Row 21 (RS): (Remove stitch markers on this row) K2, P to 1st marker, put sleeve stitches on a spare cable or scrap yarn, purl to 3rd marker, put sleeve stitches on a spare cable or scrap yarn, purl to last 2 sts, K2
Row 22: knit
Row 23: K2, purl to last 2 stitches, K2
Rows 24 - 27: knit all stitches

Row 28: K2, YO, [K1, KFB] until last 3 stitches, K3
Row 29: K2, purl to last 2 stitches, K2
Row 30: Knit
Repeat rows 29 & 30 until approximately 1" before desired length
shaped to flatter mama curves
Next row (RS): K3, [YO, K1] to last 3 stitches, K3
Repeat rows 29 & 30 twice more
Then: knit the last four rows and bind off loosely.

It's really up to you which length sleeve you prefer and if you'd like them plain or more detailed, or maybe you don't want any at all. You can simply adjust the following instructions to achieve the look you want. The beauty of knitting in one piece is that you can try it on the doll as often as you like during the process and make any changes or adjustments as you go. The following instructions will give you the cardigan pictured in the photos at the top of this post. 
magic loop: sts can look a bit messy until washed
  • Pick up the stitches for the first sleeve, and knit all stitches. 
  • Join in the round using a marker to note the start of the round.  (If you prefer not to use magic loop knitting, you can knit the sleeve stitches straight and then join using mattress stitch for an almost invisible join.)
  • After 17 rounds or when you are ready for the sleeve to increase: [K1, KFB] repeat to end of the round
  • Knit all stitches until you the sleeve is approximately 2" shorter than the desired length (for the cardigan pictured, I made 7 rounds after the increase)
  • [YO, K2tog] to end of the round
  • Knit the next 3 rounds
  • Purl one round
  • Knit one round
  • Purl one round
  • Bind off loosely
Repeat as above for the second sleeve. 

To finish: 
  • Sew in loose ends and close the gaps underneath the arms
  • Sew button opposite the yarn over hole in row 28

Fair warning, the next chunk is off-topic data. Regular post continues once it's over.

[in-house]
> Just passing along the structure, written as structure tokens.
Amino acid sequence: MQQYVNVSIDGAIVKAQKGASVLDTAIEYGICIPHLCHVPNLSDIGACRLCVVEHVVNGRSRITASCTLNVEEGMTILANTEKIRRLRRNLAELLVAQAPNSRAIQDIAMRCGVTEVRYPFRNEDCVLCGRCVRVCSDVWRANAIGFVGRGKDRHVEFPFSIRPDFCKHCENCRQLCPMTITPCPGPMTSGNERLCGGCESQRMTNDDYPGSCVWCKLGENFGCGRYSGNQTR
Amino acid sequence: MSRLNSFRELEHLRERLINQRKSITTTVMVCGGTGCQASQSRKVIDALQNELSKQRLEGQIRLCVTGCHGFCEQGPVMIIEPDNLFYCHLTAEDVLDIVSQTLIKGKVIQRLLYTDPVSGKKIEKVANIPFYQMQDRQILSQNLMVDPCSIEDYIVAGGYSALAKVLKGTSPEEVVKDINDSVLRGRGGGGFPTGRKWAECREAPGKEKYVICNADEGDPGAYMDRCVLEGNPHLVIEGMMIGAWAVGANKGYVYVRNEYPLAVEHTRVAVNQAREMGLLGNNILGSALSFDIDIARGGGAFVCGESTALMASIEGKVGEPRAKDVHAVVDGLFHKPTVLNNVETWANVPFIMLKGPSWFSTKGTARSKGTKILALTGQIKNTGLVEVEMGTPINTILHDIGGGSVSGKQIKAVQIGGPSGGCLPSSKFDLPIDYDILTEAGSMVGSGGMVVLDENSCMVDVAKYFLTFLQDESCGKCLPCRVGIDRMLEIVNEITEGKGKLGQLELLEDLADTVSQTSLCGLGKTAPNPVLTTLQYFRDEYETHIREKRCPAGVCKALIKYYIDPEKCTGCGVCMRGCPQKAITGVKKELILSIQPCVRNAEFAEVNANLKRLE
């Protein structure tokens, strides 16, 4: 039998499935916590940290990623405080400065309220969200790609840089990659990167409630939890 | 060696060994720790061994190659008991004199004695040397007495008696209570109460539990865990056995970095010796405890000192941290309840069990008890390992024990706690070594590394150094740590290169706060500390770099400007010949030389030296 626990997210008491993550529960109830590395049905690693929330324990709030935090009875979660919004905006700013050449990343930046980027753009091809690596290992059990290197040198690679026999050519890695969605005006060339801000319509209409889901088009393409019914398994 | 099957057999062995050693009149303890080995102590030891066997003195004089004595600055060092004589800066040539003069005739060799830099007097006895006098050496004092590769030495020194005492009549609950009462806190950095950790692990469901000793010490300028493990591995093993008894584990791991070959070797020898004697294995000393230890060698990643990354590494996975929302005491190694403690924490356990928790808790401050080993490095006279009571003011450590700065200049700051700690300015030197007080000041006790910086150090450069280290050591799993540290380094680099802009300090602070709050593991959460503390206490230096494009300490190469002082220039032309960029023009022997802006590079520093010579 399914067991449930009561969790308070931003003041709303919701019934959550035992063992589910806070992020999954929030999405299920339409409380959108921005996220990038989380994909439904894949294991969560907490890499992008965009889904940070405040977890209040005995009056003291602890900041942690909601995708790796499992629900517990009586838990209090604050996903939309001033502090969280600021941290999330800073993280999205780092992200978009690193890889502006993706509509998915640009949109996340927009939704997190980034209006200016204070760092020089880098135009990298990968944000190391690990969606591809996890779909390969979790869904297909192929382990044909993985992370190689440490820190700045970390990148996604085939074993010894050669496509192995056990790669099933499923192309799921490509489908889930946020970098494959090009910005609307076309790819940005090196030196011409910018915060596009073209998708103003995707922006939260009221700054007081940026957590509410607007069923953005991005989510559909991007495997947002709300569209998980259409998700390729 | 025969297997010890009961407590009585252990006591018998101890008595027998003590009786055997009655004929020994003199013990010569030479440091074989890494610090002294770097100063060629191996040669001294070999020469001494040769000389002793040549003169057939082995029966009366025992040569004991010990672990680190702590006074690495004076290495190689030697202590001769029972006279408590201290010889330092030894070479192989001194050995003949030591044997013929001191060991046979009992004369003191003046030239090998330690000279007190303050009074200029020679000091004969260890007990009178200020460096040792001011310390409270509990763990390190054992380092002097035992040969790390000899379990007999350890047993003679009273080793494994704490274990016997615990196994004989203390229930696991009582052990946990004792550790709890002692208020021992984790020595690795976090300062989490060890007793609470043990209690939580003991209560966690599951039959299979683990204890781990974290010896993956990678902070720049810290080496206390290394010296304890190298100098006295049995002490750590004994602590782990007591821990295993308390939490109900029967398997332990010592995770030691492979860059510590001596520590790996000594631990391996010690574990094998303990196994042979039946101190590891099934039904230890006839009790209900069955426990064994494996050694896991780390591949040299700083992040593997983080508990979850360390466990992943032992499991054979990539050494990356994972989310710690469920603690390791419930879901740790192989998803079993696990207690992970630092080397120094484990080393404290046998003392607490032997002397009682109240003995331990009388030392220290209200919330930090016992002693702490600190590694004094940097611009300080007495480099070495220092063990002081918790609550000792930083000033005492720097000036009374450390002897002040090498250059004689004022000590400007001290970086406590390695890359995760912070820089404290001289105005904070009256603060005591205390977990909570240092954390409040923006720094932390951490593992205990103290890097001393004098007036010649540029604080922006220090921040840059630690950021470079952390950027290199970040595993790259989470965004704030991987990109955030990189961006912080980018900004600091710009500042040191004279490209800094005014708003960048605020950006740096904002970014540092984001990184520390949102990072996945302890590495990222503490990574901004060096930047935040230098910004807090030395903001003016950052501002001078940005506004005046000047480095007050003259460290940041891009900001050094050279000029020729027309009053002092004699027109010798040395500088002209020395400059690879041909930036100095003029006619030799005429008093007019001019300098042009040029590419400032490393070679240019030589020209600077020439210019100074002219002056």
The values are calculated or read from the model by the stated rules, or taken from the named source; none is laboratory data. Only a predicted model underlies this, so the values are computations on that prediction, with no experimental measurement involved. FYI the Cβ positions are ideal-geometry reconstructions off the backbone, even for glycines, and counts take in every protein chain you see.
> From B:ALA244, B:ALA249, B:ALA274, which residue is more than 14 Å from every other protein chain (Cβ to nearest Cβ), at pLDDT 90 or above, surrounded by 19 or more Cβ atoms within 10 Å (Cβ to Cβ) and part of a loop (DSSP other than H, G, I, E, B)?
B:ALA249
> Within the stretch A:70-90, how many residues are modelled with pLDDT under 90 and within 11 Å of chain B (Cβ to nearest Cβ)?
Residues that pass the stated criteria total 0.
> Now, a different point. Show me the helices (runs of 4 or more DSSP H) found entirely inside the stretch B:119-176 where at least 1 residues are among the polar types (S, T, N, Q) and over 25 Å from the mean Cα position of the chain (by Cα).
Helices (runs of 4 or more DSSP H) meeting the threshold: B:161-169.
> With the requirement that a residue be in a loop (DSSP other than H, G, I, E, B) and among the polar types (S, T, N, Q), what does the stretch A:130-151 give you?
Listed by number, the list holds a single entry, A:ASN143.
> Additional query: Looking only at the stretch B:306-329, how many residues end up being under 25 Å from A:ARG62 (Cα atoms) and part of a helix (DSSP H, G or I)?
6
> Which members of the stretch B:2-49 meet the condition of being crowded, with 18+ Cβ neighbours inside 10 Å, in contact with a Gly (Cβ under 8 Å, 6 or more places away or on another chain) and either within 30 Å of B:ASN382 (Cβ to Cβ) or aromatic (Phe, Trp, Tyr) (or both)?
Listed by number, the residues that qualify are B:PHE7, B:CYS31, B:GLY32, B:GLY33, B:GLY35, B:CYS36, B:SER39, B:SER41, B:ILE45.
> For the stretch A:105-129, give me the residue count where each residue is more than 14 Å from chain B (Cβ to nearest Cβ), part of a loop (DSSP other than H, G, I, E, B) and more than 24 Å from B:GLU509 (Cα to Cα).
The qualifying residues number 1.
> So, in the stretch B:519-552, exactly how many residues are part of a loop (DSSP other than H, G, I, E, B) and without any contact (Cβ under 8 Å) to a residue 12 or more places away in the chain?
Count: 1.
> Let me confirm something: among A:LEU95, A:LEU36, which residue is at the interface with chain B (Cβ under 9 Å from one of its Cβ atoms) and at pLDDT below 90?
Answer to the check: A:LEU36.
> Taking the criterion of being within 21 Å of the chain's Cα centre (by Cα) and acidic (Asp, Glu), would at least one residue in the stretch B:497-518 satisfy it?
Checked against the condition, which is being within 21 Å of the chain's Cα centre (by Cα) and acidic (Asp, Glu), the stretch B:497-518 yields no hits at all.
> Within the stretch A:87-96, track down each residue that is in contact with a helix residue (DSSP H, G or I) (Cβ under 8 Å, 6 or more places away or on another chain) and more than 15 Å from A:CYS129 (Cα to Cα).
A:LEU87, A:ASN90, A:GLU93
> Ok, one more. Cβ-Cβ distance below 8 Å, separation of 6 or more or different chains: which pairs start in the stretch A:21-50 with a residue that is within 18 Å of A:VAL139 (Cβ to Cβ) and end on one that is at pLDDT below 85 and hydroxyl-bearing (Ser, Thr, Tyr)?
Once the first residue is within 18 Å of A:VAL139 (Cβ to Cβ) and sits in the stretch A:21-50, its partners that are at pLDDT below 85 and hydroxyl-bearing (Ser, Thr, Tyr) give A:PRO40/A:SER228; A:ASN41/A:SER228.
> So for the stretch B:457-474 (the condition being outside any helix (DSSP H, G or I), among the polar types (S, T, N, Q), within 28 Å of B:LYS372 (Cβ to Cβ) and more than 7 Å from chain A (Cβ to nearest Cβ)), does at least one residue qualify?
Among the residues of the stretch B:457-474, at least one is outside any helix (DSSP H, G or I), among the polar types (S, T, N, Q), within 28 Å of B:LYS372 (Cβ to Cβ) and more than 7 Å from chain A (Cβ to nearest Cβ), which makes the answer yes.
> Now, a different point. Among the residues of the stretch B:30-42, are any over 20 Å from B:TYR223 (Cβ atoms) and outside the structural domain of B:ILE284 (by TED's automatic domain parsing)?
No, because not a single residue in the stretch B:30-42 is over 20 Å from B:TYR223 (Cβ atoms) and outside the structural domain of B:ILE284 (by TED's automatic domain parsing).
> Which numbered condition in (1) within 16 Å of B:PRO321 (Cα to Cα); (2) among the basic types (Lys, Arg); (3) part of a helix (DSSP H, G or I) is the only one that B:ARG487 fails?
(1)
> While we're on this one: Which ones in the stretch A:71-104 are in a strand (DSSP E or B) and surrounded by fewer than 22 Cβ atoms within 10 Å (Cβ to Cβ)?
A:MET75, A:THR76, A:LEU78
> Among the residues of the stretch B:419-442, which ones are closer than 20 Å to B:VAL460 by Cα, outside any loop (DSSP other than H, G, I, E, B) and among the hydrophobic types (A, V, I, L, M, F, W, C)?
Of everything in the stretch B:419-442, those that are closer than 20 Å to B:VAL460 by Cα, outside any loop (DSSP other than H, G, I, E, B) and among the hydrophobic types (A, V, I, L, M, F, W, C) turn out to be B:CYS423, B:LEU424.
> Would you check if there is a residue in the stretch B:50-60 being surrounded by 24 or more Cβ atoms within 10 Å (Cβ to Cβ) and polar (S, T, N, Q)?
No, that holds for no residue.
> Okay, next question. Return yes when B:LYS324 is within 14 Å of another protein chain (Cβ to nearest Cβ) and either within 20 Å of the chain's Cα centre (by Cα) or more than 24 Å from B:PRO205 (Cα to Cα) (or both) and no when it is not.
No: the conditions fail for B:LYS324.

• Wash before use - this will also tighten up any loose stitches on the sleeves from the magic loop (maybe it's my novice technique, but with tiny items like the top of these sleeves, some stitches can appear a little stretched and messy prior to washing, as in the picture above) 
Please note: I have written these instructions whilst knitting up the cardigan from an idea I had. I hope they are clear enough to follow. If you follow the pattern and something doesn't make sense or you notice errors, please do let me know. I'd love to see any items you make from these notes, please feel free to link to them or to email a picture :) 
EDITED: There is now a Ravelry project page for this pattern. 

For instructions on how to make the more basic waistcoat using a small amount of left over yarn, click here

You can see other FOs by clicking the links at Tami's Amis blog.
Thursday, 28 April 2011

A lunchtime meditation

Spotted on the school run today

"Earth, 114 million years ago, one morning just after sunrise: The first flower ever to appear on the planet opens up to receive the rays of the sun. Prior to this momentous event that heralds an evolutionary transformation in the life of plants, the planet had already been covered in vegetation for millions of years. The first flower probably did not survive for long, and flowers must have remained rare and isolated phenomena, since conditions were most likely not yet favorable for a widespread flowering to occur. One day, however, a critical threshold was reached, and suddenly there would have been an explosion of color and scent all over the planet - if a perceiving consciousness had been there to witness it.